In my second-to-last blog post, I talked a lot about the Bortle Scale. What is it? Why should you care? Invented by John Bortle in a 2001 Sky & Telescope article, the Bortle Scale is an effective way for you to objectively assess the darkness – or, unfortunately, the brightness – of your sky, or […]Read More September 28, 2018: The Bortle Scale, or Why Gas is Your Friend
Just a semi-brief “observing report” for the Perseids and some other stuff. I went out to the DAS Dark Site on Friday, Saturday, and wouldncha know it, on Sunday, too. Well, more Monday really, by the time we got there. It was definitely a fun astronomy extended weekend. On Friday night there were about a […]Read More August 17, 2018: Meteors and Coyotes and Rattlers, Oh My! and a Mea Culpa
No, no, this isn’t yet another anti-dob rant; longtime readers will know that I actually do like dobs. No, this is more of a heads-up as to the differences between these two popular sizes of dobs, the 8 and the 10, and why, unless you’re a gym rat, you might not want to buy a […]Read More August 11, 2018: Don’t Buy A 10-inch Dob Over An 8 . . . Yet! Magnitudes Explained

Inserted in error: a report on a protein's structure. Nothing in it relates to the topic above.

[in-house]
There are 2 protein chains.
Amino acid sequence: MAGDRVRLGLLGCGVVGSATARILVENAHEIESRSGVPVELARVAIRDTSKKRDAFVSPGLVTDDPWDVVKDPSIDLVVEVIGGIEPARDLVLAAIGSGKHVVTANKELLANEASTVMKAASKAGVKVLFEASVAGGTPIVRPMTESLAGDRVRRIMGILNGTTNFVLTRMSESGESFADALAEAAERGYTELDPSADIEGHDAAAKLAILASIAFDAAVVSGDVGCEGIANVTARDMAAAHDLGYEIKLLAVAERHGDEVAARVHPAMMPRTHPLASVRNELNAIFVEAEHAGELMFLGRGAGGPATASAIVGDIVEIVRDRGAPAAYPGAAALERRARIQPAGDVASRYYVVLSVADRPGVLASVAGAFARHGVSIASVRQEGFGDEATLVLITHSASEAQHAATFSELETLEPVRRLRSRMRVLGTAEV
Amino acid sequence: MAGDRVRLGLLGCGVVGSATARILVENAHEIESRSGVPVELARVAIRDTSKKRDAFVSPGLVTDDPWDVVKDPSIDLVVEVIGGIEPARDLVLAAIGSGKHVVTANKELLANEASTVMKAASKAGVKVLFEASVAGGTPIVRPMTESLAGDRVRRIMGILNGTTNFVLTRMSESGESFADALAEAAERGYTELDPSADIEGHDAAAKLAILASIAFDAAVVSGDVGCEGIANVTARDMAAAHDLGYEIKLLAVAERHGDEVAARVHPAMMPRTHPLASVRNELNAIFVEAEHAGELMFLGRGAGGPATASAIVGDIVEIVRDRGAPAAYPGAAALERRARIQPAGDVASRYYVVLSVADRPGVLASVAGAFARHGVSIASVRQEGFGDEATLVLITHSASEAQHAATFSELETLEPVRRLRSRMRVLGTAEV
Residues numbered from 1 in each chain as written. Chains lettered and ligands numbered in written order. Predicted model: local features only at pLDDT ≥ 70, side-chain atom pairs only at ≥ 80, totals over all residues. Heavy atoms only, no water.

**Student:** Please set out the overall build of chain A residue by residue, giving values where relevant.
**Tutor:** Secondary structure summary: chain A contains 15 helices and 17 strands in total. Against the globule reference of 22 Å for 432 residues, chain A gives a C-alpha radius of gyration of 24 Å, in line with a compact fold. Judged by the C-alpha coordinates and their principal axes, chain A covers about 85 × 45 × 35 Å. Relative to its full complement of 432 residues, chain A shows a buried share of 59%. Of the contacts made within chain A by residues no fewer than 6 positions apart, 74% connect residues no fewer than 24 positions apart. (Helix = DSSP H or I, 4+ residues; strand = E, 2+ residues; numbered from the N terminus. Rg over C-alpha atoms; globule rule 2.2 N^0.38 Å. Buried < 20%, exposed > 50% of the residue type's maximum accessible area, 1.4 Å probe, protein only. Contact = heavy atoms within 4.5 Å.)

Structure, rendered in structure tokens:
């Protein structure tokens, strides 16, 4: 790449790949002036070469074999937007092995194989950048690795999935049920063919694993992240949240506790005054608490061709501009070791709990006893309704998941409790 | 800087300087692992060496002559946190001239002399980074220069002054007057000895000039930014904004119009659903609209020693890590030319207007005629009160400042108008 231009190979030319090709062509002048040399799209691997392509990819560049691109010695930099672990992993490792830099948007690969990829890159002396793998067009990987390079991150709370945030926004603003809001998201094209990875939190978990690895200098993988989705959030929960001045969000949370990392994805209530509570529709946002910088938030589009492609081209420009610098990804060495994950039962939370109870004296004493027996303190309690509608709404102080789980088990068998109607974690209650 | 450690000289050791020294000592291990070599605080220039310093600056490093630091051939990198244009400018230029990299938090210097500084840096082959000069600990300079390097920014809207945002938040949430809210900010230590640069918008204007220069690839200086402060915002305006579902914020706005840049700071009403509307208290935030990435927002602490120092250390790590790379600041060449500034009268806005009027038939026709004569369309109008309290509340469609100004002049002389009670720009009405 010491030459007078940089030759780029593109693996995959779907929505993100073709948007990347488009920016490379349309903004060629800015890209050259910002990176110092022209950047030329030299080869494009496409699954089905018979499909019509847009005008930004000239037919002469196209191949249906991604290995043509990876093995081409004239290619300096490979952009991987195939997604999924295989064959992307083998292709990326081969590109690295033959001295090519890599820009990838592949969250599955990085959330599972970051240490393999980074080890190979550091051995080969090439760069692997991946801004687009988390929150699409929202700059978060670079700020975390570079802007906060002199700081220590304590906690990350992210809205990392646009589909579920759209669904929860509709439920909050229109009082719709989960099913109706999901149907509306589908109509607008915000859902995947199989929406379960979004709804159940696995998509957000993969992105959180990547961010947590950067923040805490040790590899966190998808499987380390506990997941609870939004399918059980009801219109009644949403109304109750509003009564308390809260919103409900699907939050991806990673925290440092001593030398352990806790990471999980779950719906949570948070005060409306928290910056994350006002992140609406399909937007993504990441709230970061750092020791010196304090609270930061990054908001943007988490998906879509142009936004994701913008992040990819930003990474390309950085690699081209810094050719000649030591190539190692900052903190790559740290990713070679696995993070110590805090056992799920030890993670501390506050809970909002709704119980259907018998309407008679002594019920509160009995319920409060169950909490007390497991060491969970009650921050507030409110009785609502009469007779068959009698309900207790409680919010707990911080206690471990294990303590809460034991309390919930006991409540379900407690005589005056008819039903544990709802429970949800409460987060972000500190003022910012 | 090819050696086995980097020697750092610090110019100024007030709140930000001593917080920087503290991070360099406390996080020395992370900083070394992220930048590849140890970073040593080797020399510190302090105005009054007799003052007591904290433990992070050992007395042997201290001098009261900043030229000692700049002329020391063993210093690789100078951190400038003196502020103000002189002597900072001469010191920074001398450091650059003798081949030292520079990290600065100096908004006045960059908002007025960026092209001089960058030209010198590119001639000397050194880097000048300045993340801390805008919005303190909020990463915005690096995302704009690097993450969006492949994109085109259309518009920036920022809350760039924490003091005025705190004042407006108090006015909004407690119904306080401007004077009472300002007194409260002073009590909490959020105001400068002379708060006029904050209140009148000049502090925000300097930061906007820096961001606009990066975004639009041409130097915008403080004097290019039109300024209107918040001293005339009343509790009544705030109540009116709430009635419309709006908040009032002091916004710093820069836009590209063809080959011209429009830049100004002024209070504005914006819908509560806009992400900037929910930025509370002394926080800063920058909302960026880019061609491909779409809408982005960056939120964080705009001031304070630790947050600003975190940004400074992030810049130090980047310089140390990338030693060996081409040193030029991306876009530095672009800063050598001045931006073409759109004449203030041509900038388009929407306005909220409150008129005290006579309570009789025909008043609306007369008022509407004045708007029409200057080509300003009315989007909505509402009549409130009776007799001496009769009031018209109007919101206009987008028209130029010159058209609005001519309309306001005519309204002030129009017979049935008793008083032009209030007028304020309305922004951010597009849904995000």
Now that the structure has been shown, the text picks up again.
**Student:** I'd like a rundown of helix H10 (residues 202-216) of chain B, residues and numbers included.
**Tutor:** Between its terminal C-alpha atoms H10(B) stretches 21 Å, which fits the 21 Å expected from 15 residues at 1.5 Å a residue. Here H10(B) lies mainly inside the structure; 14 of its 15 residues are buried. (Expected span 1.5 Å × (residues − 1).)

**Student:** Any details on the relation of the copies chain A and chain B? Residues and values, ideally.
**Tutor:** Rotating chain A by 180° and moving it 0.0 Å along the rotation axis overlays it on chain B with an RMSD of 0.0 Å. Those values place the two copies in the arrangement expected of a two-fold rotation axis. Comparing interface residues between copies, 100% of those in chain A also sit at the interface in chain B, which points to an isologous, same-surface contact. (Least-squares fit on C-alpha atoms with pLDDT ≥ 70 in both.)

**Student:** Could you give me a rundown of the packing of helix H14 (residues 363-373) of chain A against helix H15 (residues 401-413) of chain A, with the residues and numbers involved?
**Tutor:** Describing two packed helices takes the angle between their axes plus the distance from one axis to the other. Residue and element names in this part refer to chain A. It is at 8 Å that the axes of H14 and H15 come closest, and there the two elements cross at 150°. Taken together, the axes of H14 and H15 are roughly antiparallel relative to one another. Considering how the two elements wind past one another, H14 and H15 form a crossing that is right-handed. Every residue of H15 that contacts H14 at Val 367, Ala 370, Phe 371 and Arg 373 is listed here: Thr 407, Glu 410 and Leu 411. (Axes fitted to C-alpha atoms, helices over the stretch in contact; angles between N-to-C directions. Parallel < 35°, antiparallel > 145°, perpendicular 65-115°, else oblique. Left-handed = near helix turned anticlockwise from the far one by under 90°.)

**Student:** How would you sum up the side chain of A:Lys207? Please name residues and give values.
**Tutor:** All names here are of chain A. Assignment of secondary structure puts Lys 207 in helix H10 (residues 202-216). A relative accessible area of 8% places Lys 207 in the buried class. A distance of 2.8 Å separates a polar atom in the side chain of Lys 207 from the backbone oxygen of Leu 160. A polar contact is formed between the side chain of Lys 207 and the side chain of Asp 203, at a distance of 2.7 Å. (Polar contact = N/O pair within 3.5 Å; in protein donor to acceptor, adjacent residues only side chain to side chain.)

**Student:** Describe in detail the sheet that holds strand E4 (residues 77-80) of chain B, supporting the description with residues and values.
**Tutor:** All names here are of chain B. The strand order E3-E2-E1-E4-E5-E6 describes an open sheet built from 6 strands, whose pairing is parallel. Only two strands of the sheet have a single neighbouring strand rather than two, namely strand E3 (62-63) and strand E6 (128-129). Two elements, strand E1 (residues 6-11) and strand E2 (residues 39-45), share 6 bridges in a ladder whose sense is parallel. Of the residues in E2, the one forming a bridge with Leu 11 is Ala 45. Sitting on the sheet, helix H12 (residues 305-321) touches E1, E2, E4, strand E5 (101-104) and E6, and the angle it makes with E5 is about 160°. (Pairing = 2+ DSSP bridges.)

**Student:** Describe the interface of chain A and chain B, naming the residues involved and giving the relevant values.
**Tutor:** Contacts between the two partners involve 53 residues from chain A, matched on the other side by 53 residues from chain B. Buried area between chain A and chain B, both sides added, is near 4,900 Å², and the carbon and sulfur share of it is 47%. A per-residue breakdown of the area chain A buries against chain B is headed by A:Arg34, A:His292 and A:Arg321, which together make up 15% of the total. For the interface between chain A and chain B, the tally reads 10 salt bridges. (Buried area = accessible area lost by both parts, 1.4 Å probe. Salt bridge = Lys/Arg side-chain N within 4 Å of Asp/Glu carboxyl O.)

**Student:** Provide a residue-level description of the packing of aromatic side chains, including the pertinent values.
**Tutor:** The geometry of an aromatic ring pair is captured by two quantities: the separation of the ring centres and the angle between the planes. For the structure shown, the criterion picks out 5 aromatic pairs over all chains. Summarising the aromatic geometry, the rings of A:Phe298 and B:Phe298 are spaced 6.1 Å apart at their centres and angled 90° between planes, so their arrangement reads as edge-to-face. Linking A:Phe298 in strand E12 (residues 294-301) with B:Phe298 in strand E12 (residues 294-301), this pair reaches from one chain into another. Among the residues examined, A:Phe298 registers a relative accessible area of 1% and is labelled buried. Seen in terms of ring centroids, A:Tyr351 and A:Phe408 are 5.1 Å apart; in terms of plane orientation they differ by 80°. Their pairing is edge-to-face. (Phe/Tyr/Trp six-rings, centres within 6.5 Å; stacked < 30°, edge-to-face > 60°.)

One of the problems you might encounter when observing some nebulae and galaxies is that the light that they’re emitting is spread out over a large area – huge, sometimes. This makes them difficult to find and see. The Triangulum Galaxy, M33, is a perfect example of this. Nowadays, it’s risen about 30 degrees up […]Read More October 14, 2017: Spotting Diffuse Objects With Dark Adaptation
Before I get to the main topic, let me just do a quick recap of my observing session last night. I went out to take another look at Jupiter, to see both the Great Red Spot, and a transit of Europa. According to this listing from Sky & Telescope, the Great Red Spot was supposed to be […]Read More December 16, 2014 – What is “light-polluted astronomy”? What’s with that hyphen? And Europa’s shadow!!!